Specific antibodies to soluble alpha-synuclein conformations in intravenous immunoglobulin preparations



This article is corrected by:

  1. Errata: Corrigendum Volume 166, Issue 1, 143, Article first published online: 12 September 2011

D. A. Loeffler, William Beaumont Hospital Research Institute, 3811 West Thirteen Mile Road, Royal Oak, MI 48073, USA.
E-mail: dloeffler@beaumont.edu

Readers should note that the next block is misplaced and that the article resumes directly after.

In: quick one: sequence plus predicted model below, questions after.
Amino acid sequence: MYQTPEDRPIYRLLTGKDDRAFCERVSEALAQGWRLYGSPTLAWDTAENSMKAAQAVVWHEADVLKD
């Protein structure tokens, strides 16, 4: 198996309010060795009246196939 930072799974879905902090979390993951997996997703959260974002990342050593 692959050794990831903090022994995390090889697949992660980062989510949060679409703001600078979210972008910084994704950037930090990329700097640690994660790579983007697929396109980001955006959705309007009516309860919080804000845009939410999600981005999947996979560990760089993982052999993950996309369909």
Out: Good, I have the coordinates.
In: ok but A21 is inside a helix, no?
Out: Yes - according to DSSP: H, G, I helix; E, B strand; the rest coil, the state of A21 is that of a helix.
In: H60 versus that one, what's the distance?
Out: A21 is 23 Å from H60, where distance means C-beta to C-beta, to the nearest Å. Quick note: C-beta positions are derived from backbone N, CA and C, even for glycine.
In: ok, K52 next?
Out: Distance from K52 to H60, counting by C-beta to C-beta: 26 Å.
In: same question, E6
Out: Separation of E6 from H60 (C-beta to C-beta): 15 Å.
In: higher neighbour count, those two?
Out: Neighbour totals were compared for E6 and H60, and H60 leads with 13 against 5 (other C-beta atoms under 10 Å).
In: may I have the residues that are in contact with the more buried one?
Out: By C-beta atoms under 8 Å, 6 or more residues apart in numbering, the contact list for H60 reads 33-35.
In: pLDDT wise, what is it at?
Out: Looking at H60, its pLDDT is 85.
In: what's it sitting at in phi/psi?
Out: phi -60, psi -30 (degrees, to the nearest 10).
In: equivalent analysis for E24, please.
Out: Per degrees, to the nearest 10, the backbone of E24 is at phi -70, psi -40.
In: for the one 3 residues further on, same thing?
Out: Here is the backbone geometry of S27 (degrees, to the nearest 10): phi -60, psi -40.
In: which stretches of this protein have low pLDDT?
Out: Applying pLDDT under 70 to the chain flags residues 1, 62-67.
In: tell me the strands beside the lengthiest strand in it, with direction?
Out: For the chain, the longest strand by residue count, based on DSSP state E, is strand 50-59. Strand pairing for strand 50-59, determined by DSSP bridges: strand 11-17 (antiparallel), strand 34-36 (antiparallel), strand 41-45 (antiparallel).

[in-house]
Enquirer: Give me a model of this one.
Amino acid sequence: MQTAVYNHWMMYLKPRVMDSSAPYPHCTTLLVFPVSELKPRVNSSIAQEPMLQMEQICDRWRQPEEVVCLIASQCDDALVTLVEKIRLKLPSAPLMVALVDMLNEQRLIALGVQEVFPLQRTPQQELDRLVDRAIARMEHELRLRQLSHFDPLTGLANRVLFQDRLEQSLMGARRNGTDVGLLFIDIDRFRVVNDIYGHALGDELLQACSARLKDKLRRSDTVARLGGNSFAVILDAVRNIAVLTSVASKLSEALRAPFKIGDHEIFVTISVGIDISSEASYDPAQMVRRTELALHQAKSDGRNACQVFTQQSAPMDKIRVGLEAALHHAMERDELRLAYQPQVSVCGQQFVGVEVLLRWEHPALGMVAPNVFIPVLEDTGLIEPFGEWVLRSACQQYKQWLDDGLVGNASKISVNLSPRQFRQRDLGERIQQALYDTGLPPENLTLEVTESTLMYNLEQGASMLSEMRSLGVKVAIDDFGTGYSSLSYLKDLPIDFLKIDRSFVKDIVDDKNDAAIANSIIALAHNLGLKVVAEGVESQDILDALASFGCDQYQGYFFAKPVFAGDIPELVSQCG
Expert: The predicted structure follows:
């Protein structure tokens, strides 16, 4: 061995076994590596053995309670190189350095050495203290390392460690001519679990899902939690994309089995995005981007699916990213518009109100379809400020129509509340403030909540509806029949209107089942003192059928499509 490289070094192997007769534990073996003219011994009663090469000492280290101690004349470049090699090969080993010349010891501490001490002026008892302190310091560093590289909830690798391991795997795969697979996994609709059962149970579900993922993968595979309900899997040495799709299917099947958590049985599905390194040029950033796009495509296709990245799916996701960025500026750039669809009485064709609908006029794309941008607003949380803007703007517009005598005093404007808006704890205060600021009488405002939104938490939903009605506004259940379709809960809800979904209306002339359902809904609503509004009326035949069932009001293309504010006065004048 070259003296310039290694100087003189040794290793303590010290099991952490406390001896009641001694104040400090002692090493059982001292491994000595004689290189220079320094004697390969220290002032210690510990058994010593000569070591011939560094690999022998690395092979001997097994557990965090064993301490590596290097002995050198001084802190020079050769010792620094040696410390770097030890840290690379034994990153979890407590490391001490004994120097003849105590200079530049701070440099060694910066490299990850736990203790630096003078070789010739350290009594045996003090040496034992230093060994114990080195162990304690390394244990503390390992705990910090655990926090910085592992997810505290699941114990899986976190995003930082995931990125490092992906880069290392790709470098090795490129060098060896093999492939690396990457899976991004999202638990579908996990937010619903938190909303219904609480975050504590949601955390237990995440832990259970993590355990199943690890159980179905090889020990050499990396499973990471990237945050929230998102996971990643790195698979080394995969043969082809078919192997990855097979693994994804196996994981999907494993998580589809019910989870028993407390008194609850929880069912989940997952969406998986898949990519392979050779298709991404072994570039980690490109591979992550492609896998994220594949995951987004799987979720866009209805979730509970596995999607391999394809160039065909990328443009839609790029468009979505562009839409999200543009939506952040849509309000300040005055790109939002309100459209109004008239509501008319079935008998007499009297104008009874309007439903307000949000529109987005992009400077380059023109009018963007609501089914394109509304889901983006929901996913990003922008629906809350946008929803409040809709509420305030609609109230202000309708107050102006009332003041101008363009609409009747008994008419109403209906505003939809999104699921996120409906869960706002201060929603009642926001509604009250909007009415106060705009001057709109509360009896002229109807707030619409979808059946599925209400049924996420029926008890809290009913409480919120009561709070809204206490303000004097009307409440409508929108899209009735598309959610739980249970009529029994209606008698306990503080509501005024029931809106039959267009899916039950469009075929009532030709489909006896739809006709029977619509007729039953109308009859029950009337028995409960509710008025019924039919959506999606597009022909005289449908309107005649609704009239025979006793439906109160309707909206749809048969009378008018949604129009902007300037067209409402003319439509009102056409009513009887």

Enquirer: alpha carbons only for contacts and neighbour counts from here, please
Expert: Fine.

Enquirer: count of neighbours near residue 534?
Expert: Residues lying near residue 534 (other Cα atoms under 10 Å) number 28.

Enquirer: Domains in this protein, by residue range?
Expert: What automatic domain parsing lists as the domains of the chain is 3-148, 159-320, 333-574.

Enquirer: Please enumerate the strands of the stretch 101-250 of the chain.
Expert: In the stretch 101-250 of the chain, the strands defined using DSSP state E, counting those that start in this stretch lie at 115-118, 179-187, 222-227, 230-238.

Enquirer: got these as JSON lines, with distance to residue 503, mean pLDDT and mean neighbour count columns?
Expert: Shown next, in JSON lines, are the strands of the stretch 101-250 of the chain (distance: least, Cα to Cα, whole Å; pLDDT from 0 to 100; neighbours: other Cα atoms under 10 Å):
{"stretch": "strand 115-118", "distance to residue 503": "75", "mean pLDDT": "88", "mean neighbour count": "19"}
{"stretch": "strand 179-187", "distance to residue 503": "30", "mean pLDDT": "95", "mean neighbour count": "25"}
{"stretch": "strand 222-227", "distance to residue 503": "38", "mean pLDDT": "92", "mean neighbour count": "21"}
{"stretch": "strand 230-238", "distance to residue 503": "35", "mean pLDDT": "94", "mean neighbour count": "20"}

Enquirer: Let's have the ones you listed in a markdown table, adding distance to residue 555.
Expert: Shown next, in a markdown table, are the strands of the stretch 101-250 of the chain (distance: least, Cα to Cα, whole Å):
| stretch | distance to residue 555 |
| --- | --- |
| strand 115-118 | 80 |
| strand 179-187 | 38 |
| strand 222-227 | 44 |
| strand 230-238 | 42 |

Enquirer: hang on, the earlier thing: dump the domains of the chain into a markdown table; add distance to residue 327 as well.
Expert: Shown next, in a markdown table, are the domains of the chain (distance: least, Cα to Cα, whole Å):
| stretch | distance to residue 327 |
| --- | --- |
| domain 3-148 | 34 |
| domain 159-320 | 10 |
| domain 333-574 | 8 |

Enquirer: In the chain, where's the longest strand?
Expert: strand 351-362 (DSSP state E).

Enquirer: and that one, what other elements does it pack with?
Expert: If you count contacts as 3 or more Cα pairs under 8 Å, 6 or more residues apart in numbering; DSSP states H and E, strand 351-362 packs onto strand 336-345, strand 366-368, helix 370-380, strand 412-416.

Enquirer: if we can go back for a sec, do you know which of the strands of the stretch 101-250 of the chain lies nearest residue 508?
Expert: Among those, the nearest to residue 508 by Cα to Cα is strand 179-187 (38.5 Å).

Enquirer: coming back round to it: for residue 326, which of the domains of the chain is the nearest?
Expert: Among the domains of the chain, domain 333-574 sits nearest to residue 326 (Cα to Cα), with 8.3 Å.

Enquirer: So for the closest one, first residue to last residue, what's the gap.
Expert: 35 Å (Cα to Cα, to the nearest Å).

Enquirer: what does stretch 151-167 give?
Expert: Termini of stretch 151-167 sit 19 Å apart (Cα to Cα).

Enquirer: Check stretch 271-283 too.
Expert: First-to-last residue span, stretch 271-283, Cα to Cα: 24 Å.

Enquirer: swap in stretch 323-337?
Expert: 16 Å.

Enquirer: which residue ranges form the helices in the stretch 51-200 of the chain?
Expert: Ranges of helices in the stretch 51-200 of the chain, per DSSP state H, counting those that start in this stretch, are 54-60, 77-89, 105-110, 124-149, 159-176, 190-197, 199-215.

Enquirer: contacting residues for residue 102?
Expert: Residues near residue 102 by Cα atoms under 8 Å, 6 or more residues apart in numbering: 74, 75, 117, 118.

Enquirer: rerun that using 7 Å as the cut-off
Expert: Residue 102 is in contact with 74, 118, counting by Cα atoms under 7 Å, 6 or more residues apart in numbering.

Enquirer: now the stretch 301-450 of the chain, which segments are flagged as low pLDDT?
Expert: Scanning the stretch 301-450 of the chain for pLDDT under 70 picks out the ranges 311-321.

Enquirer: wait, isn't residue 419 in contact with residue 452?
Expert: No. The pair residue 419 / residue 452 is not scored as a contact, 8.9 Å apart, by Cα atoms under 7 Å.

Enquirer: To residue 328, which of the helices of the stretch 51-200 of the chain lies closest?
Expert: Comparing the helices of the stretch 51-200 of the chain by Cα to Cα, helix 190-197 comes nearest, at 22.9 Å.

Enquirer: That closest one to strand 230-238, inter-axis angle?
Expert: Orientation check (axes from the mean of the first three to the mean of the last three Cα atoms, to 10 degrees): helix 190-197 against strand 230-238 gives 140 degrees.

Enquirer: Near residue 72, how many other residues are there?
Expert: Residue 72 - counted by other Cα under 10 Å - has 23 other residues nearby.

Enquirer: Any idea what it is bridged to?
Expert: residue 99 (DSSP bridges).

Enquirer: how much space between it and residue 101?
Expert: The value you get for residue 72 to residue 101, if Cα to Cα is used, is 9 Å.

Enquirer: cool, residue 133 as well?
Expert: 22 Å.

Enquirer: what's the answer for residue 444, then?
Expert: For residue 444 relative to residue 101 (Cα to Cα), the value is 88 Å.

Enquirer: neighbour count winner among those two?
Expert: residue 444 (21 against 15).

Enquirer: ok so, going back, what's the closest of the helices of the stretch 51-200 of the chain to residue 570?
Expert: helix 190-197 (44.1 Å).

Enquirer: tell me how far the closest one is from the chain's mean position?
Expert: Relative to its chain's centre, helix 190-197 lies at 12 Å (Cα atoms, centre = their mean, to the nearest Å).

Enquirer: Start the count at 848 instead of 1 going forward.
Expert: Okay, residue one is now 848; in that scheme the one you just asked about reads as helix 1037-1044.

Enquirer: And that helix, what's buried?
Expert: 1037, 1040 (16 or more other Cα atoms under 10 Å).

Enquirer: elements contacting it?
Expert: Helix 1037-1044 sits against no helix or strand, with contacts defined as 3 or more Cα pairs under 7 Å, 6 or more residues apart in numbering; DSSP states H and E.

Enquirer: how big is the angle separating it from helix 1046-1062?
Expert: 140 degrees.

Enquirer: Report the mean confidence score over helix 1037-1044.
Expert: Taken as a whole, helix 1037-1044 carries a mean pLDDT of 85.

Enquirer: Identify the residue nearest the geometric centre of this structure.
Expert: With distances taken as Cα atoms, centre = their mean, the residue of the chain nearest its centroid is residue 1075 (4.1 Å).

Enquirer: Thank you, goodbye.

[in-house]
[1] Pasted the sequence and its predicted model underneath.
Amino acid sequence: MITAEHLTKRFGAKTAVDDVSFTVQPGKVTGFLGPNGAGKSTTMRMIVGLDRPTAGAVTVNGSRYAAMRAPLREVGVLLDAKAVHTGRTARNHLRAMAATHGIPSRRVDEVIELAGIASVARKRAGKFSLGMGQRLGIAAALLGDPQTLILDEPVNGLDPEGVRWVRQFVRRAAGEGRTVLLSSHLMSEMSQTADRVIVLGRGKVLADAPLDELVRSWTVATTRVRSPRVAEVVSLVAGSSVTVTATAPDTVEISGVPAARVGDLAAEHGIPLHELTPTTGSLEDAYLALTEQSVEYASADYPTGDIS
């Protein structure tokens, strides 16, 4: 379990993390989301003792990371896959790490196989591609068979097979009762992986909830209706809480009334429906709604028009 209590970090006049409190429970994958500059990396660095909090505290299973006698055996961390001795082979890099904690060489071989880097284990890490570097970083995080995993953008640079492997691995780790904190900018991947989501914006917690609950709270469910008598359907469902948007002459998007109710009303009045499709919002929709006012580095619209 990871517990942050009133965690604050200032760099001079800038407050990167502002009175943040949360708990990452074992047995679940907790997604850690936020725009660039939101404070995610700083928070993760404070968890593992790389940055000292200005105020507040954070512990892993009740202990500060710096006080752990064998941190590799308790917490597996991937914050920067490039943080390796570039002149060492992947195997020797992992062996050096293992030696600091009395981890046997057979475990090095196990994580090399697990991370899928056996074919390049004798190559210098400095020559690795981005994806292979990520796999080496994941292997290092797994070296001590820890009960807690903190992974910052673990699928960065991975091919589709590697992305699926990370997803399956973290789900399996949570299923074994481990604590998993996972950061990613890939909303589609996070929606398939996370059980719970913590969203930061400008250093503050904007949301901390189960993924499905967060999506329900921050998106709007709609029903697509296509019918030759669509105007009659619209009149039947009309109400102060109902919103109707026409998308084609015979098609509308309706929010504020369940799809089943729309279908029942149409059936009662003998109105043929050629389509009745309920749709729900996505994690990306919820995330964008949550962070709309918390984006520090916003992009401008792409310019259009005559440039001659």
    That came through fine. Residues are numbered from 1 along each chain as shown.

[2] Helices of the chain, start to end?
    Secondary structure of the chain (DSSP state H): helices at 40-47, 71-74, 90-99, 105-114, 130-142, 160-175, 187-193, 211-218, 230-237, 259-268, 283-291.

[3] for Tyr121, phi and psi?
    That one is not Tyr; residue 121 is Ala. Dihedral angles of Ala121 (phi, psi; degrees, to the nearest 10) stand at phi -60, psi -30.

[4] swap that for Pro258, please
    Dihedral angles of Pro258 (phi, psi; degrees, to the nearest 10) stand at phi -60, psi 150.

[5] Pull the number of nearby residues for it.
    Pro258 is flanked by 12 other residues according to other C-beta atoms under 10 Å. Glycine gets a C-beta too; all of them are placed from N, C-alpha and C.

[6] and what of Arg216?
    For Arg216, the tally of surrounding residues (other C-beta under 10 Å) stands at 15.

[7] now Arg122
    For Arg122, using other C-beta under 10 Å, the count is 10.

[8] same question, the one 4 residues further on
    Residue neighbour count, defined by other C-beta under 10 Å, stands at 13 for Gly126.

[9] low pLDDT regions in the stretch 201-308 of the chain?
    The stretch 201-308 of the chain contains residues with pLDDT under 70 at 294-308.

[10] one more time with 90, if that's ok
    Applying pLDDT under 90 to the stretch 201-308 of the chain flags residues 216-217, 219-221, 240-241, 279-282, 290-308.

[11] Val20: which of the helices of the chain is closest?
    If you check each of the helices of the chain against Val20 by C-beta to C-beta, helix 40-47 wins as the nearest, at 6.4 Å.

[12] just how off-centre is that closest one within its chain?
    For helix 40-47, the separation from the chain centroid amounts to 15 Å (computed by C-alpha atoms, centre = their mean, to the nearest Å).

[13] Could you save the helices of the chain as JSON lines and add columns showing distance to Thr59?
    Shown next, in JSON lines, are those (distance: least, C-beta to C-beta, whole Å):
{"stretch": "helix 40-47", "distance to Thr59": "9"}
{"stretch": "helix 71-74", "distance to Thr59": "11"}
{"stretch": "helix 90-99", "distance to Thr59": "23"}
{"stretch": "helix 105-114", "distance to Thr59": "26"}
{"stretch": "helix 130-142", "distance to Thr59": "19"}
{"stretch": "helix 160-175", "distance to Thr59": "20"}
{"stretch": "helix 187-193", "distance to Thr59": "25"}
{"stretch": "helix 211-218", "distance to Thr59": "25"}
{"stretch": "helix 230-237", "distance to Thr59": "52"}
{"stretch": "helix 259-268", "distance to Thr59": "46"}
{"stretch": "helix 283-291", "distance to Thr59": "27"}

Alpha-synuclein is the major protein in Lewy bodies, the hallmark pathological finding in Parkinson's disease (PD) and dementia with Lewy bodies (DLB). Although normally intracellular, it also can be secreted, so extracellular alpha-synuclein may contribute to neuronal injury. Serum antibodies to alpha-synuclein could exert protective effects by increasing alpha-synuclein's movement out of the brain and, if they cross the blood–brain barrier, by inhibiting its neurotoxic effects. The objective of this study was to measure antibody concentrations to alpha-synuclein monomer and soluble oligomers in three intravenous immunoglobulin (IVIG) preparations, Gamunex (Talecris Biotherapeutics), Gammagard (Baxter Healthcare) and Flebogamma (Grifols Biologicals). Antibodies were measured in native IVIG preparations and after antibody–antigen complex dissociation. IVIG's non-specific binding was subtracted from its total binding to alpha-synuclein to calculate specific anti-alpha-synuclein antibody concentrations. Specific antibodies to alpha-synuclein monomer and/or soluble oligomers were detected in all IVIG products. In native IVIG preparations, the highest anti-monomer concentrations were in Gammagard and the highest anti-oligomer concentrations were in Gamunex; the extent to which lot-to-lot variation may have contributed to these differences was not determined. Antibody–antigen complex dissociation had variable effects on these antibody levels. The IVIG preparations did not inhibit alpha-synuclein oligomer formation, although they changed the distribution and intensity of some oligomer bands on Western blots. The presence of antibodies to soluble alpha-synuclein conformations in IVIG preparations suggests that their effects should be studied in animal models of synucleinopathies, as a first step to determine their feasibility as a possible treatment for PD and other synucleinopathies.